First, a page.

Sectors 1 and 2 correspond to the optic disc 0 to 30 and 30 to 60 degrees below the papillomacular bundle, respectively;18 these regions are generally resilient to glaucomatous change, as reported by Hood et al.10 However, as shown in our previous paper, the retina is shifted toward the papillomacular bundle in eyes with a narrow artery angle. Indeed, we previously reported that adjusting the cpRNFL using the artery position strengthened the structure-function relationship.15 Consequently, in eyes with a narrow artery angle, we would expect retinal nerve fibers from a more vulnerable area (the inferotemporal area) would be included in these measurements.34 Indeed, it has been shown that retinal nerve fiber layer defects tend to locate closer to the fovea in glaucomatous eyes with the retinal artery closer to the fovea.35 Also, it was suggested that this inferior central area is mostly spared whenever glaucoma patients develop central vision loss, regardless of the rest of the visual field or the general vision loss severity.36 This may be another reason for observing faster VF progression (in sectors 1 and 2) in eyes with a narrow superior artery angle. Of note, the results with the normalization suggest the effect of the narrowing of the superior artery angle (coefficients = 0.12/0.14) was not negligible at least compared to other variables, such as age (coefficients = –0.18 or –0.24), baseline mTD (0.093) and mean IOP (coefficients = –0.15 or –0.14). In particular, mean IOP was a significant parameter in sector 5 corresponds to the superior vulnerability zone identified by Hood et al.10 
Many papers have considered myopia as a risk factor for the onset 3739 and progression 8, 40, 41 of glaucoma. In myopic eyes, the optic disc is deformed according to the elongation of the eye.42 The magnitude of myopia is usually assessed using AL, however, we previously reported that the magnitude of retinal stretch (due to the elongation of an eye) cannot be explained by AL alone; a more accurate approximation can be achieved using the retinal artery position.11 In the current study, AL was not associated with the VF progression rate in any sector, in contrast to retinal artery angular positions. This suggests that a detailed analysis of retinal stretch using the retinal artery position, not merely AL, might better reveal the effect of retinal stretch on the progression of glaucoma. Previously, we suggested that AL changes, even in adults.43 The difference in AL was merely 0.035 mm in five years but, nonetheless, it was significantly associated with the progression of glaucoma. This implies the position of retinal arteries can also vary over time, and this should be investigated in a future study. Of note, we did not conduct any analyses in long eyes separately. This was because it is not appropriate to segment using the AL value.11 For instance, if ALs of two eyes were different at birth but the same in adulthood, then the degree of elongation must have differed between these eyes during a growth period.16 
Wang et al. have investigated the relationship between the positions of major retinal vessels and glaucoma severity in the cross-sectional manner.44 As a result, it was suggested that peripapillary superior artery positions are significantly nasalized in advanced glaucoma, which agrees with the current results in sectors 1 and 2. It should be noted that this finding was observed when artery position was identified at 1.23 mm and 1.73 mm radius around the optic disc center, however, no effects were found for higher eccentricities, where this value was 1.73 mm in the current study. Wang et al. also reported substantial association between more nasal locations of the central retinal vessel trunk (CRVT: the location within the optic nerve head where all retinal blood vessels enter the eye from the brain) and more severe central vision loss in glaucoma, but not at any other locations of the VF.45 This effect may translate to major blood vessels in the circumpapillary area, and if this is the case, all retinal blood vessels get “dragged into nasal direction”.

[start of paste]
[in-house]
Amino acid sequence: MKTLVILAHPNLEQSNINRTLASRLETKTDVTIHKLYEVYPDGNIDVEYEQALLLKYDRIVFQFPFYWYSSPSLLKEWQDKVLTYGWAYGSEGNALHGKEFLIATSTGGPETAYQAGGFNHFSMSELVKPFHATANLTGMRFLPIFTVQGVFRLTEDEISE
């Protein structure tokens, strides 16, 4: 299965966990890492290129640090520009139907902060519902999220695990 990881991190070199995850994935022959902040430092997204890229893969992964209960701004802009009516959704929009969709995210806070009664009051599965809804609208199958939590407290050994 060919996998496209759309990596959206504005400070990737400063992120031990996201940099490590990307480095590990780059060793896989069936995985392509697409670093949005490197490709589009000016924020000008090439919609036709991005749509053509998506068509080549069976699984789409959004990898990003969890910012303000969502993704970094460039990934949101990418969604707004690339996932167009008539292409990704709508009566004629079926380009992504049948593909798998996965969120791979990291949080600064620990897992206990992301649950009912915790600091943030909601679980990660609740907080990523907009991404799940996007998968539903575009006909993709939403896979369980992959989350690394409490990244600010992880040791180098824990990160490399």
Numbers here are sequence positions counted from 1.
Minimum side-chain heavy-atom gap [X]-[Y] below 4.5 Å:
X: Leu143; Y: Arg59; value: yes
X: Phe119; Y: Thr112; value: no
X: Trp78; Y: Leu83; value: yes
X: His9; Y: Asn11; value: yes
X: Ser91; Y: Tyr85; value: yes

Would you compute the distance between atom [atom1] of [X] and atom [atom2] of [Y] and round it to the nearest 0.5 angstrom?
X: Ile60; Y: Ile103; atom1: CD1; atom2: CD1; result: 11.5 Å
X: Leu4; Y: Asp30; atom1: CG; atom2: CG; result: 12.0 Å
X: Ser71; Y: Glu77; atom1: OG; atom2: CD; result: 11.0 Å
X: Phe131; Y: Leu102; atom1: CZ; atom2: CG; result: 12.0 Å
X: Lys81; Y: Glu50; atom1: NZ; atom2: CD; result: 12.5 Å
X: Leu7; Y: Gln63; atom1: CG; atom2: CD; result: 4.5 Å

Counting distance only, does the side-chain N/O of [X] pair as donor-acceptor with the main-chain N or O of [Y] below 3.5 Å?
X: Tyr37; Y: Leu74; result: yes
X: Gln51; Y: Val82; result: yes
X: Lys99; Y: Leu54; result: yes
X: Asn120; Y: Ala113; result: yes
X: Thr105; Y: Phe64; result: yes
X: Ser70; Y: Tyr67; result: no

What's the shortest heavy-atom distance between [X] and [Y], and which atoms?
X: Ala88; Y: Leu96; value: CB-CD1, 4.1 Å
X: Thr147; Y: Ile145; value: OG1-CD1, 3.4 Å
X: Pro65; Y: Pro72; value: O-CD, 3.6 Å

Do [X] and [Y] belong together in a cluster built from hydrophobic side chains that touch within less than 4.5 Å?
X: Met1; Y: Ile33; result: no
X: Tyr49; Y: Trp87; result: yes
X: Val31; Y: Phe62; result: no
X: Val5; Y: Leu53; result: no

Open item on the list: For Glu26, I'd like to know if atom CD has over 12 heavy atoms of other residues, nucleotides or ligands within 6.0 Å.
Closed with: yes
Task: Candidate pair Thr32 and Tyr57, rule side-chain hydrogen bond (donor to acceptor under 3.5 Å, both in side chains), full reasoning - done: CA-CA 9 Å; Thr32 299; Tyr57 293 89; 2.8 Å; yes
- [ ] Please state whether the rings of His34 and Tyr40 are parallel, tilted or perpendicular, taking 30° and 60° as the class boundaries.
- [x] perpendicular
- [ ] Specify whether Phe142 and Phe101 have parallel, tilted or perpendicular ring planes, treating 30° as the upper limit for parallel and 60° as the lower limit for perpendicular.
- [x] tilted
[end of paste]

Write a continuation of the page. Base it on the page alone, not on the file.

The current study suggests limited influence of mean IOP on the progression rate of VF (it was only an important variable to explain progression in sectors 3 and 5). Very similar results were observed in our previous study using a multicentral VF data in Japan (JAMDIG study).28 This result does not deny the effectiveness of IOP reduction on the progression of glaucoma as confirmed in many previous studies,37 because all of the included patients were under treatment at glaucoma clinic. Indeed, these two sectors correspond to the superior and inferior poles of the optic nerve head, which corresponds to the superior vulnerability zone.10 Also, albeit the relatively large magnitude of coefficient values (Table 4), the importance of this parameter cannot be underestimated. Nonetheless, the current results suggest the importance of other variables (retinal features) on the progression of glaucoma. Indeed, the Collaborative Normal-Tension Glaucoma Study showed that approximately 20% of patients continued to progress despite very successful IOP-treatment results (30 % reduction of IOP).4 The current results might be useful when considering the mechanism of progression of glaucoma in these cases.